As we have explained elsewhere (Parasha-Page, Vaetchanan 5756), the Shema has to motifs: (1) accepting upon ourselves Hashem's sovereignty (Mishnah, Berachot 13a), and (2) accepting upon ourselves to learn Hashem's Torah (Gemara, Berachot 14b). These two themes correspond exactly to the primary teachings of Avraham and Yakov. Avraham taught the world that Hashem is the Master of all Creation and that it is He Whom we must serve (Rashi Bereishit 12:5; 21:33; see also above, II). The morning Shema ushers in Avraham's prayer by emphasizing this theme. Yakov's life was dominated by the study of Torah (Rashi Bereishit 25:27; 28:9,11). We therefore introduce his prayer with Shema as well, this time because of the other theme of Shema.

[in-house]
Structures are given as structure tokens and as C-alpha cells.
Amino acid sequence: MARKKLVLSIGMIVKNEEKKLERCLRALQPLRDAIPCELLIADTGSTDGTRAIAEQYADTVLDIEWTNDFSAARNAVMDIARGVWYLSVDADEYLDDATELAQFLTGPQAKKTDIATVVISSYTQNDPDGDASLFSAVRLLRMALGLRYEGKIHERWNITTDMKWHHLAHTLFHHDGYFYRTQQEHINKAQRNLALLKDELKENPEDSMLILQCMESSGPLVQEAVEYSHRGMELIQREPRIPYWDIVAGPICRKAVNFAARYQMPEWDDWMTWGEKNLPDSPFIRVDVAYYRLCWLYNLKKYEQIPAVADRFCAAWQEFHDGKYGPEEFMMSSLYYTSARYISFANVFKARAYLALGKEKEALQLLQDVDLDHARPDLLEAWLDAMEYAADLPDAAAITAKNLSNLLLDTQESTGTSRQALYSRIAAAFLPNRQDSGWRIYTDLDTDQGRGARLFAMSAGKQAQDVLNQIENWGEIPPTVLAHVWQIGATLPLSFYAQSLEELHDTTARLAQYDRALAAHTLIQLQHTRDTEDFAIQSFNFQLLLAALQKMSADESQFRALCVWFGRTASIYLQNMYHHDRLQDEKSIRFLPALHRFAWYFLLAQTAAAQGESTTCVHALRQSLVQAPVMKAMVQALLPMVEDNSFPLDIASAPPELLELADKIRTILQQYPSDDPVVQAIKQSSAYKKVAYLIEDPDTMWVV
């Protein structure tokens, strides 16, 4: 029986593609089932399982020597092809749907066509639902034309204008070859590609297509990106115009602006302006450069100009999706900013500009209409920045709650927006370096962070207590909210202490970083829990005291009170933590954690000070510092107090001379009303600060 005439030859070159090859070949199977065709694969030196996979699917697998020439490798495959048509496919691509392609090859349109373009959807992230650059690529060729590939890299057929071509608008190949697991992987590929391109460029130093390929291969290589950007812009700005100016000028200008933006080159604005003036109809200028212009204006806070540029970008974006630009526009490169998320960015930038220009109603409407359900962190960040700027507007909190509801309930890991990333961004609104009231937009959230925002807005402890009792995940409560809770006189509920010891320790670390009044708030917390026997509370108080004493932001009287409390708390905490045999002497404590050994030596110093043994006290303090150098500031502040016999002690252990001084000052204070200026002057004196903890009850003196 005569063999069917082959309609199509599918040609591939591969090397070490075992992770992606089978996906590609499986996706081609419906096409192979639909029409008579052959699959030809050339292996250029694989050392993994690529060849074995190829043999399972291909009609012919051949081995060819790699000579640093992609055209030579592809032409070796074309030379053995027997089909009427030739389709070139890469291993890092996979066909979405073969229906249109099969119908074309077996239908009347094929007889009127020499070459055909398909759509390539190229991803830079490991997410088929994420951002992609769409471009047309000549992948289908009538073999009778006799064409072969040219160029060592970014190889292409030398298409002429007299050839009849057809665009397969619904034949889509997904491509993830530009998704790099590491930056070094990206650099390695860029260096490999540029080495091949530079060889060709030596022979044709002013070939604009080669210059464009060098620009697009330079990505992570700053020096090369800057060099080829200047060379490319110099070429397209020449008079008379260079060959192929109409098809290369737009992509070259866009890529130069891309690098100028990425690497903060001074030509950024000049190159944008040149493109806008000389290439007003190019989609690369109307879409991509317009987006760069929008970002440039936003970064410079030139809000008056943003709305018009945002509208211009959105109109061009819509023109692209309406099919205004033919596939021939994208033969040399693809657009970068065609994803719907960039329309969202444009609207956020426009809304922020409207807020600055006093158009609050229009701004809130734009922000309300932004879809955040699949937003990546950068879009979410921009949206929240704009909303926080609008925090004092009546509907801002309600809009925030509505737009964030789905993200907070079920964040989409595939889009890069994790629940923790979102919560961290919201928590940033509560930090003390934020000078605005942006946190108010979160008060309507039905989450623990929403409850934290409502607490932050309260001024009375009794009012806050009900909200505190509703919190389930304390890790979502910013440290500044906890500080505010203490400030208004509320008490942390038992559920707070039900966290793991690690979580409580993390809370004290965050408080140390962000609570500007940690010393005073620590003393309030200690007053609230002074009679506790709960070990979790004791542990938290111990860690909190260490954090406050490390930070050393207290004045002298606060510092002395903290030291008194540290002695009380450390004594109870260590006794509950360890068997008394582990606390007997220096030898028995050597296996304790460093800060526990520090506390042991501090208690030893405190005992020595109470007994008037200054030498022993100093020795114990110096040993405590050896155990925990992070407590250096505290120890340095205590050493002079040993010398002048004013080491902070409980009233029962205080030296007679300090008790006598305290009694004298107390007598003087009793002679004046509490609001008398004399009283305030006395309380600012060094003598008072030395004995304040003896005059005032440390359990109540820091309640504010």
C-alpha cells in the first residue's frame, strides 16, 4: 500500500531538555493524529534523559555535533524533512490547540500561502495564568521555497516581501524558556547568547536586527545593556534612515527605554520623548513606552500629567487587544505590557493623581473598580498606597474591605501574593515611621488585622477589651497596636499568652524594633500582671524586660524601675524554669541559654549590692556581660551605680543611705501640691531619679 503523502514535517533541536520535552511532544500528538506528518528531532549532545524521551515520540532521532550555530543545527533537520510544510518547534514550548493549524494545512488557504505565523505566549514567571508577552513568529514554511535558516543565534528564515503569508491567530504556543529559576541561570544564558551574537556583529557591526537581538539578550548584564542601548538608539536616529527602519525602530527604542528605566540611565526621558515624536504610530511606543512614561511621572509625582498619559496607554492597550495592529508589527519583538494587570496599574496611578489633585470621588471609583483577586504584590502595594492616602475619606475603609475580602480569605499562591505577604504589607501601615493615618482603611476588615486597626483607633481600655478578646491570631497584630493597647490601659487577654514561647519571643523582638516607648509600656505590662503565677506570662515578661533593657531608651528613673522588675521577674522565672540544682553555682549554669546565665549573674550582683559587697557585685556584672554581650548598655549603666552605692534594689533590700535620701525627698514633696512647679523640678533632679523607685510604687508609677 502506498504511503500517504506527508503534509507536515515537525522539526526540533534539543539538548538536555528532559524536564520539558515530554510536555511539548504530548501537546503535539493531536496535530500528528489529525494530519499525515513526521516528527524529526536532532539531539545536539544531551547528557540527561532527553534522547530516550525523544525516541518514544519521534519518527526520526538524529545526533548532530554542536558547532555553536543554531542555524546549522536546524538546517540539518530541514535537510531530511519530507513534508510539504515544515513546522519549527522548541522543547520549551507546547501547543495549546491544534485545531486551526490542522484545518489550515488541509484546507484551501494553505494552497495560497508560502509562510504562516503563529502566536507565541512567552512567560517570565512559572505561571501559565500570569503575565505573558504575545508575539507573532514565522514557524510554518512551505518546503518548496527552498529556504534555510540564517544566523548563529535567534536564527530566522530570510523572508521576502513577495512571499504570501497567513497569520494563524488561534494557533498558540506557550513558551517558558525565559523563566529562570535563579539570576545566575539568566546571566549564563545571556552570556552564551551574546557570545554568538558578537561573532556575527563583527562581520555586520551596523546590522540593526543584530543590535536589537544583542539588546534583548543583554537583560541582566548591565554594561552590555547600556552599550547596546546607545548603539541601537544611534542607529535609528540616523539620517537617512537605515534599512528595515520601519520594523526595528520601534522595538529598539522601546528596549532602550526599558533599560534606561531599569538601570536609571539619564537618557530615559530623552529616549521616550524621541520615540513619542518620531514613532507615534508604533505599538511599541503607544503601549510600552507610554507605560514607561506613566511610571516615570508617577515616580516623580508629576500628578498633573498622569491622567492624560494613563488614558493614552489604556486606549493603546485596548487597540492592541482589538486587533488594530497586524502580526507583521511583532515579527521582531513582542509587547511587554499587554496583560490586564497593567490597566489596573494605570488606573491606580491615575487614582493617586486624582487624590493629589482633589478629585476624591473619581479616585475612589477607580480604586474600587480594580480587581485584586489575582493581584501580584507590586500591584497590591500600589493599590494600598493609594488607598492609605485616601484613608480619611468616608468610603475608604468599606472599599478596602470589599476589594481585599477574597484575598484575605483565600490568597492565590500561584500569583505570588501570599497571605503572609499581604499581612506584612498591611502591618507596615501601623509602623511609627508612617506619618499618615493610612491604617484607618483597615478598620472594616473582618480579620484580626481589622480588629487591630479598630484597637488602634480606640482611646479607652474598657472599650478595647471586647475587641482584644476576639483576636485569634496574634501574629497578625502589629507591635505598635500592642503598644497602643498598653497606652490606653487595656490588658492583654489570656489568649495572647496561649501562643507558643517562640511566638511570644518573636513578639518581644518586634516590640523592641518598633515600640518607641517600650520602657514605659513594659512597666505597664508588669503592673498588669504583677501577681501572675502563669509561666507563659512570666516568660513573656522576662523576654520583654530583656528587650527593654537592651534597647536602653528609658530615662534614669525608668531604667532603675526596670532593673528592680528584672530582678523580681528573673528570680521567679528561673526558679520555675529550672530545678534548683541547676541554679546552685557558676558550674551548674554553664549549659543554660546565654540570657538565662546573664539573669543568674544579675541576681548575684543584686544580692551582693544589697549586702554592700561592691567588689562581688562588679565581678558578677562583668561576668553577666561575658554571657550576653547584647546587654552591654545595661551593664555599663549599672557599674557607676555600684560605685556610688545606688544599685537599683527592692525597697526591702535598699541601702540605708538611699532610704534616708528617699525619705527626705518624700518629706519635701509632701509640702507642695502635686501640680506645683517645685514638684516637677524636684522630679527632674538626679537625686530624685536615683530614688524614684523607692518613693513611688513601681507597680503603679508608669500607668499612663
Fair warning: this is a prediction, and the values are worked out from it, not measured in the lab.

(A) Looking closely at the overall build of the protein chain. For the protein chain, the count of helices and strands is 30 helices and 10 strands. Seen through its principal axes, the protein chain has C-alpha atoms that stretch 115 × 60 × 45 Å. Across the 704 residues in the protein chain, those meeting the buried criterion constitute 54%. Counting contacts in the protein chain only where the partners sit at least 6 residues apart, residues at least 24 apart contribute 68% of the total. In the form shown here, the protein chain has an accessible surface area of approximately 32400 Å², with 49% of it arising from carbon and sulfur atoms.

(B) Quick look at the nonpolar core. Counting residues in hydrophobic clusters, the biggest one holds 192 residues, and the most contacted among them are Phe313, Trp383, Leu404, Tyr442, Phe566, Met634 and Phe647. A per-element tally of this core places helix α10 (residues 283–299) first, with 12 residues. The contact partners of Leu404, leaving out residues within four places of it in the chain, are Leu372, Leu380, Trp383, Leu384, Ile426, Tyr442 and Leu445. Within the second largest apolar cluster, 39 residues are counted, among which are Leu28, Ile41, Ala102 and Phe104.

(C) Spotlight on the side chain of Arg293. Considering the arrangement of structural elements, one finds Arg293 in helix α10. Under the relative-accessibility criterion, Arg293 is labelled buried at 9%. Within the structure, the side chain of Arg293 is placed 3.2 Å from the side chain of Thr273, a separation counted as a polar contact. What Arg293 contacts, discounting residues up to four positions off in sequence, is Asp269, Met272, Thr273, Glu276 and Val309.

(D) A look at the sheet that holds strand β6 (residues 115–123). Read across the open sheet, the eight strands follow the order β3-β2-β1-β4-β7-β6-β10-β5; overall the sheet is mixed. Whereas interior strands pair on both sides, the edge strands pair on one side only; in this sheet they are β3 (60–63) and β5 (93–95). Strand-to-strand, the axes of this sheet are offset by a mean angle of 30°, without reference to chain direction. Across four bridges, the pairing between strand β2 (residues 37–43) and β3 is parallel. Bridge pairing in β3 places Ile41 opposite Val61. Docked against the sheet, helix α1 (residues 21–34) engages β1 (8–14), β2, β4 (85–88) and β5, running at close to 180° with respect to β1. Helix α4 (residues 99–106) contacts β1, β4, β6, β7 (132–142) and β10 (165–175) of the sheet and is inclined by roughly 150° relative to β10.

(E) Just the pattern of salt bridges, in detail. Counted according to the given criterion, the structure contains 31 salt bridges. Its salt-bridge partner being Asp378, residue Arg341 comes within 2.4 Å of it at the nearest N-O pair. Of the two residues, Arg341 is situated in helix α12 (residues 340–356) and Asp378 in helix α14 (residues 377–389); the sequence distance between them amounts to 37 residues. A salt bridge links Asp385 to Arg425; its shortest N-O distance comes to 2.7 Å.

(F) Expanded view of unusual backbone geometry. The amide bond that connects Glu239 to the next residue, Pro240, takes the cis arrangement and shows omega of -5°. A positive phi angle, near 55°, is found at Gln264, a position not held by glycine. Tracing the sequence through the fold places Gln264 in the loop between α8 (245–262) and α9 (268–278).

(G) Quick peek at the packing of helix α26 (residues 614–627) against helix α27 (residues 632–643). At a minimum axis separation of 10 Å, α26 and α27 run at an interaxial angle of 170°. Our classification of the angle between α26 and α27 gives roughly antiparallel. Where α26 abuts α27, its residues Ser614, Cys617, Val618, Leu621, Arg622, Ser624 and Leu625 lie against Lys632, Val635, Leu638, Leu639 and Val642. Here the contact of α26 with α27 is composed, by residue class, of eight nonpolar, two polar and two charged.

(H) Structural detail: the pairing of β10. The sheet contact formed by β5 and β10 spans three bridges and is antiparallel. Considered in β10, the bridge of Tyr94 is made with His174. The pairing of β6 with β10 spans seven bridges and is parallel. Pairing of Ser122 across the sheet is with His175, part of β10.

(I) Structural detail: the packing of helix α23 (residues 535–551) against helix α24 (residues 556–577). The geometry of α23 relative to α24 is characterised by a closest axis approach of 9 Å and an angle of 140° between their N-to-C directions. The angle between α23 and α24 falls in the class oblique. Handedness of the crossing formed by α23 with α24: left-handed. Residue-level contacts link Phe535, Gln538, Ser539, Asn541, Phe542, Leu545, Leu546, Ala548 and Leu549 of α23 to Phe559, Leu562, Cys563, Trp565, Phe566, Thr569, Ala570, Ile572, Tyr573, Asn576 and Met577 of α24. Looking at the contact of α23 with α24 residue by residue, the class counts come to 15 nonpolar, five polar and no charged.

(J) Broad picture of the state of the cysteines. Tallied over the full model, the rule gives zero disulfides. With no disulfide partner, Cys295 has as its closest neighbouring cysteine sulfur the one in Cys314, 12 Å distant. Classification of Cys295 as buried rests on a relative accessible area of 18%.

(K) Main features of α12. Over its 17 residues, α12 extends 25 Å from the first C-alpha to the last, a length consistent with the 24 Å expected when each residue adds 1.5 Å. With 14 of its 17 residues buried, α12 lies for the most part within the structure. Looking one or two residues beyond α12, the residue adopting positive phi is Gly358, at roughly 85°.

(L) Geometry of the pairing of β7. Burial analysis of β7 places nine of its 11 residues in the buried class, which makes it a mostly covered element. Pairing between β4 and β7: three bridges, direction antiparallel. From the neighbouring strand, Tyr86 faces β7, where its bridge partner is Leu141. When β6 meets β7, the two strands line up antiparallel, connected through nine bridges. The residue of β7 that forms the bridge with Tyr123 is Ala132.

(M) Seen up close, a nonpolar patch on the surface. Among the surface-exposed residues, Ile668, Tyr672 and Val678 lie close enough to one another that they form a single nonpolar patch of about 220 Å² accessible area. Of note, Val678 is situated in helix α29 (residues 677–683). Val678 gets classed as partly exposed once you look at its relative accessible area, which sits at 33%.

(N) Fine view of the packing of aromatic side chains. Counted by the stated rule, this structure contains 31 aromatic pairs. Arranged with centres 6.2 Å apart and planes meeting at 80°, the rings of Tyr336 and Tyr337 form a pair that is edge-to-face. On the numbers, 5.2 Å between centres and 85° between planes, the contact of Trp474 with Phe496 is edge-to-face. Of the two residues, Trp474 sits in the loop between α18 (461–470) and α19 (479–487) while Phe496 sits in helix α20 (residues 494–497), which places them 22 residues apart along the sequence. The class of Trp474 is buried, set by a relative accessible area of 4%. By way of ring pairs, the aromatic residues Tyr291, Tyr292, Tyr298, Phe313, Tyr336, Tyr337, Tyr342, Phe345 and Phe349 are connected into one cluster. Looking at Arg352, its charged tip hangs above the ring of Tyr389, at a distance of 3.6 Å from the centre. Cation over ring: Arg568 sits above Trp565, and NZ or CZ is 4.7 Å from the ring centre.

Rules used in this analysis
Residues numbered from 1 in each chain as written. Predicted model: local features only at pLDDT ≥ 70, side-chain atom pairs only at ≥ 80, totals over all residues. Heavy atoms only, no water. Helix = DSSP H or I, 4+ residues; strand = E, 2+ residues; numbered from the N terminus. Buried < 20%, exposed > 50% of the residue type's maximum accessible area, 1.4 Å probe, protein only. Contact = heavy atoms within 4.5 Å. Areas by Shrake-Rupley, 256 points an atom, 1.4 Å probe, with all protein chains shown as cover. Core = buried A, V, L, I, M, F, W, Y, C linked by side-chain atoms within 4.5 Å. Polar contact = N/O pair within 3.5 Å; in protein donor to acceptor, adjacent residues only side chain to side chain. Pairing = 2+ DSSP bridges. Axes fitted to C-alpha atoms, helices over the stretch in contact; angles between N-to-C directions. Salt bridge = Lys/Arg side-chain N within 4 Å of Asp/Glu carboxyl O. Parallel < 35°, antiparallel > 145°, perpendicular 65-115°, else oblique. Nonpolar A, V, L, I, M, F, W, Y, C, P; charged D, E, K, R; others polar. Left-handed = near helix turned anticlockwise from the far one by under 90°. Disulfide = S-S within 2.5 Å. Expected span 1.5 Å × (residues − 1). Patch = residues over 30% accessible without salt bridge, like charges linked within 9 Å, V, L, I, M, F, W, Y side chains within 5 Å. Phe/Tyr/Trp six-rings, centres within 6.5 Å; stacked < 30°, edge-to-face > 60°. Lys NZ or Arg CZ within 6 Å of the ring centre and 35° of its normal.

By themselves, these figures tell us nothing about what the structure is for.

It is also interesting to note that in Shema we call on "Yisrael" to hear our proclamation that Hashem is One -- "Hear O Israel [Yisrael]!" The name "Yisrael," besides referring to the collective Jewish population, is used to refer to both Yakov (Bereishit 35:10) and Avraham (the first Israelite; compare Tehilim 105:7 with Divrei Hayamim I 16:13).